U.S. lawmakers, advocacy groups and state officials who urged the Department of Health and Human Services (HHS) to march in on patents covering Gilead Sciences Inc.’s COVID-19 drug, Veklury (remdesivir), likely were disappointed, and perhaps surprised, by the Government Accountability Office’s (GAO) conclusion this week that, despite a $161.5 million taxpayer investment in the antiviral’s development, there are no government patents to march in on.

One of those officials is HHS Secretary Xavier Becerra, who last year, as California’s attorney general (AG), led several other state AGs in pushing HHS to exercise Bayh-Dole Act march-in rights on remdesivir, based on the drug’s price and supply issues.

“Alternatively, at a minimum, we ask that you support states by assigning to states the ability to use the march-in rights under this law to achieve the same purposes,” the AGs said in an Aug. 4 letter to top HHS, FDA and NIH officials. The AGs apparently assumed that since federal money was used to test remdesivir against various viruses, there had to be patents the government could lay claim to under Bayh-Dole.

That’s not the case, the GAO said in a report released March 31, which showed that the government has no patents on remdesivir.

Stemming from a congressionally requested GAO audit of the federal investment in the antiviral drug, the report could serve as a reminder of the limitations of the Bayh-Dole march-in rights, which are restricted to patents covering federally funded inventions. Bayh-Dole, passed in 1980 to jumpstart innovation, doesn’t give the government the right to march in on privately held patents just because federal funding was involved in basic research or testing.

In the case of remdesivir, the CDC, Department of Defense (DoD) and NIH entered research collaborations with Gilead knowing that the Foster City, Calif., company already had a portfolio of patents and patent applications on the compound. They also knew that if their scientists developed new methods of use for remdesivir, patents on those methods would have little value since the government would have to license the compound patents from Gilead if it wanted to commercialize the method or license it to another company.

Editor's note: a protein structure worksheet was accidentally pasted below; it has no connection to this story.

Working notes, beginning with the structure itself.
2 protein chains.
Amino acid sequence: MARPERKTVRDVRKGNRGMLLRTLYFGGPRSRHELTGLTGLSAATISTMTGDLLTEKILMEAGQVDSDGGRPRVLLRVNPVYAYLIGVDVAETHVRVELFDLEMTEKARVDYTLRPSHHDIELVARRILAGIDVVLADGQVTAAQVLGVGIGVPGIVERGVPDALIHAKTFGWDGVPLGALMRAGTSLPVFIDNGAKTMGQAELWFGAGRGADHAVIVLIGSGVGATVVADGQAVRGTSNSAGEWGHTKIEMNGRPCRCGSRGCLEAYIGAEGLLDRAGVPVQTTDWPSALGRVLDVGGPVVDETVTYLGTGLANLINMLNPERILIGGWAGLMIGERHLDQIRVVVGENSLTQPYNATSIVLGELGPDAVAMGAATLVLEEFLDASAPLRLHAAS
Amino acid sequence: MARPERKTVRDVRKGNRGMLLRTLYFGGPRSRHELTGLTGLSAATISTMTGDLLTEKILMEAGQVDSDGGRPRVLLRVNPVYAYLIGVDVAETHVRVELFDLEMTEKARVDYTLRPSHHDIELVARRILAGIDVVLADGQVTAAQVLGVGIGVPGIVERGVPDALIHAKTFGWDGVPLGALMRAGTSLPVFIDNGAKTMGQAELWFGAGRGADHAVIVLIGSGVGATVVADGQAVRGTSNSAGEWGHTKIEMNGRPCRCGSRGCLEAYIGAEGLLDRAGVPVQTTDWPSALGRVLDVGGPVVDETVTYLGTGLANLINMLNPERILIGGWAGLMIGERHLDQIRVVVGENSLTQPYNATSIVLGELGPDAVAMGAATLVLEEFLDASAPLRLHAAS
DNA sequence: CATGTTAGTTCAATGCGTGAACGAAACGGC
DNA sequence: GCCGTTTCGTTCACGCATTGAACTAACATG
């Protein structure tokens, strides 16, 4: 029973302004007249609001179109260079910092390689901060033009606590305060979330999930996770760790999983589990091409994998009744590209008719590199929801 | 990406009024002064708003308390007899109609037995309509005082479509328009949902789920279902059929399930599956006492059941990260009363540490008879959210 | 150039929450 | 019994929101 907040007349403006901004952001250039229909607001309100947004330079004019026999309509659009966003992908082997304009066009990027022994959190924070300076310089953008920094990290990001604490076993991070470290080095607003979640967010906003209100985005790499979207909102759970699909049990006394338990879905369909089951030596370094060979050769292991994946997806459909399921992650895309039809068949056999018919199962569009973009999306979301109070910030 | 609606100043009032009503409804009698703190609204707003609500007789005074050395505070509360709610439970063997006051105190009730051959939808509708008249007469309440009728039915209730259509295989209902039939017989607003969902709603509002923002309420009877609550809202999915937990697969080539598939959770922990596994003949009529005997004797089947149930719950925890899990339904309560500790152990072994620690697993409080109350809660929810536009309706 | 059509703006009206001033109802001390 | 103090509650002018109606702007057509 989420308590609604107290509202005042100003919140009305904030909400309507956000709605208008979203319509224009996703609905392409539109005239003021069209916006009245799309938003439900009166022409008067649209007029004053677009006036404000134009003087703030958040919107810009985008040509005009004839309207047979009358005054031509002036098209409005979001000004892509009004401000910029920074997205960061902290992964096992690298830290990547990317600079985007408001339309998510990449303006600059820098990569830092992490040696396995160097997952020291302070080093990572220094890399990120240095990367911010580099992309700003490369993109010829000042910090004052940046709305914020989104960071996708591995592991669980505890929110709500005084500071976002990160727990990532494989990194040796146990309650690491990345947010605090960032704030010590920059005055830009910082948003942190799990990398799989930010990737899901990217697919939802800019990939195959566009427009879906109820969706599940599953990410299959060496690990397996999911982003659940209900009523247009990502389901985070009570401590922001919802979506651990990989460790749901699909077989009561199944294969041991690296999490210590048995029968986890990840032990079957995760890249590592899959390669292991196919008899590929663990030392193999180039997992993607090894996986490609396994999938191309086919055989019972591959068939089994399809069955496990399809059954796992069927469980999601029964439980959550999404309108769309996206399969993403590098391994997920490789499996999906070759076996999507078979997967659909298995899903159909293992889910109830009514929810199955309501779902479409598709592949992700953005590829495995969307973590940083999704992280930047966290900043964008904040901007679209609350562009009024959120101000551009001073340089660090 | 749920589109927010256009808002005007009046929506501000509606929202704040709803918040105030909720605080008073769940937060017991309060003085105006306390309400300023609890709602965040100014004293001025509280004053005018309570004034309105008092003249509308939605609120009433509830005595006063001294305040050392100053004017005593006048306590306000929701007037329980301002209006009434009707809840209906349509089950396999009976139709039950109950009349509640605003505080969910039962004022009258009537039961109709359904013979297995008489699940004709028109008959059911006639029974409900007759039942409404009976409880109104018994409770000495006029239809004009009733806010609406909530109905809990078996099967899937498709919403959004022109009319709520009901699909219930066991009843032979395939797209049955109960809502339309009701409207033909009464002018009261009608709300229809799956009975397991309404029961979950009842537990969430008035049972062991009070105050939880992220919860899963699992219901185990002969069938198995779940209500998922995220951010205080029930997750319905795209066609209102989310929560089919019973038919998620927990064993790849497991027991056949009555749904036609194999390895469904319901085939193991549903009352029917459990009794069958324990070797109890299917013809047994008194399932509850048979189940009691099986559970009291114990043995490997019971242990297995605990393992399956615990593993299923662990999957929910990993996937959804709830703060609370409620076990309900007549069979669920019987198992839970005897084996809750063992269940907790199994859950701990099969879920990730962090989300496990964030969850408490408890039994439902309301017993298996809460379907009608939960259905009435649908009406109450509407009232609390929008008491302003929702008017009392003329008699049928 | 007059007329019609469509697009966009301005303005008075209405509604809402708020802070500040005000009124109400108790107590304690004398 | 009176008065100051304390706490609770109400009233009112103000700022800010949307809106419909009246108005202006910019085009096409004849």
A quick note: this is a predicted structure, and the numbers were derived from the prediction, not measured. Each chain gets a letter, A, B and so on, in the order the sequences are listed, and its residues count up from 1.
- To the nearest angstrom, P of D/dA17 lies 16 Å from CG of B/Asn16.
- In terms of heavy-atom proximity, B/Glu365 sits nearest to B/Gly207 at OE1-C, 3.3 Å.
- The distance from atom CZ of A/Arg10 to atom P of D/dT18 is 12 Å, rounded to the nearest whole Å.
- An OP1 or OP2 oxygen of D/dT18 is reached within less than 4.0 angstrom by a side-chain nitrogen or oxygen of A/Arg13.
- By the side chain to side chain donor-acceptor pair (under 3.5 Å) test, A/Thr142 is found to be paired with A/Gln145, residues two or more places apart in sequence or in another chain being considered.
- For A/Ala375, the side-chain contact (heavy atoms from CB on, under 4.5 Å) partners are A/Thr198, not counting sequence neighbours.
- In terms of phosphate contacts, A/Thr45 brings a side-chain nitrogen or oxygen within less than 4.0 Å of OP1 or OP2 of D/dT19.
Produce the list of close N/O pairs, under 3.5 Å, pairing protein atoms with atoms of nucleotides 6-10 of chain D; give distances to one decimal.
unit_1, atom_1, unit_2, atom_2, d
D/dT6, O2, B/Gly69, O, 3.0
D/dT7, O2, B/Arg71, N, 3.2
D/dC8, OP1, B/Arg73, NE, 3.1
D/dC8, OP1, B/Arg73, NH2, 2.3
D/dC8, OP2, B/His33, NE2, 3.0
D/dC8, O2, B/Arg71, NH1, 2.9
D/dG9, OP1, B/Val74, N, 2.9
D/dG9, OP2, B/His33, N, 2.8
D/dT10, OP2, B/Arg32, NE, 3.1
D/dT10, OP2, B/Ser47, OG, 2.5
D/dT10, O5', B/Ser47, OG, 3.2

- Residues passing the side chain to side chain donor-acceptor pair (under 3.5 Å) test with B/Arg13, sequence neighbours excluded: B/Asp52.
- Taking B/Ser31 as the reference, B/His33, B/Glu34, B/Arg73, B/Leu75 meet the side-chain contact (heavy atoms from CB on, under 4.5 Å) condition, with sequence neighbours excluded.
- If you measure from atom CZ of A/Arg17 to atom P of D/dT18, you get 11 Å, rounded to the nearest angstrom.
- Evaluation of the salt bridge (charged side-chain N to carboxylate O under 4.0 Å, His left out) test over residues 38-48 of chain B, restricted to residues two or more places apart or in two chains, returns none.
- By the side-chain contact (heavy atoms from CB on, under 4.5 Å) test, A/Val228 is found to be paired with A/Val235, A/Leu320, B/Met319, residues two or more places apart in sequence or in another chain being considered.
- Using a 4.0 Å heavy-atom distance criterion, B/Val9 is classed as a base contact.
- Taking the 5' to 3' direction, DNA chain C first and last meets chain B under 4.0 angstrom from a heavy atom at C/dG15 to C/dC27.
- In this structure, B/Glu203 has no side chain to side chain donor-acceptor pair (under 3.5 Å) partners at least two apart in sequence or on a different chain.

Who did what

Gilead began working on the research that would lead to remdesivir in 2000. By the time the government agencies began funding preclinical research of remdesivir’s parent compound in 2013 and of remdesivir itself in 2014, Gilead already had synthesized the parent compound, isolated remdesivir, conducted and funded preclinical research that identified and then confirmed the antiviral activity of both compounds against coronaviruses and other viruses, and begun patenting its inventions.

Besides collaborating on the federal research, Gilead continued its own research on remdesivir, filing more patent applications as its work advanced. For instance, the company began patenting methods of using remdesivir to treat coronavirus infections in 2015, a year before NIH scientists began their remdesivir research focusing on coronaviruses.

As a result, Gilead had 16 U.S. patents as of the end of last year, including six claiming the molecular structure of remdesivir and parent compounds. It also had submitted eight more remdesivir-related patent applications, according to the GAO.

Over the past 20 years, Gilead has invested $1.3 billion in developing remdesivir. Of that, $786 million was for R&D costs, including $40 million for supplying remdesivir for use in NIH clinical trials and other clinical and research settings. An additional $147 million was spent to supply the drug for use in other clinical and research settings, and $318 million went in to expanding manufacturing and distribution capabilities for the drug, Gilead officials told the GAO.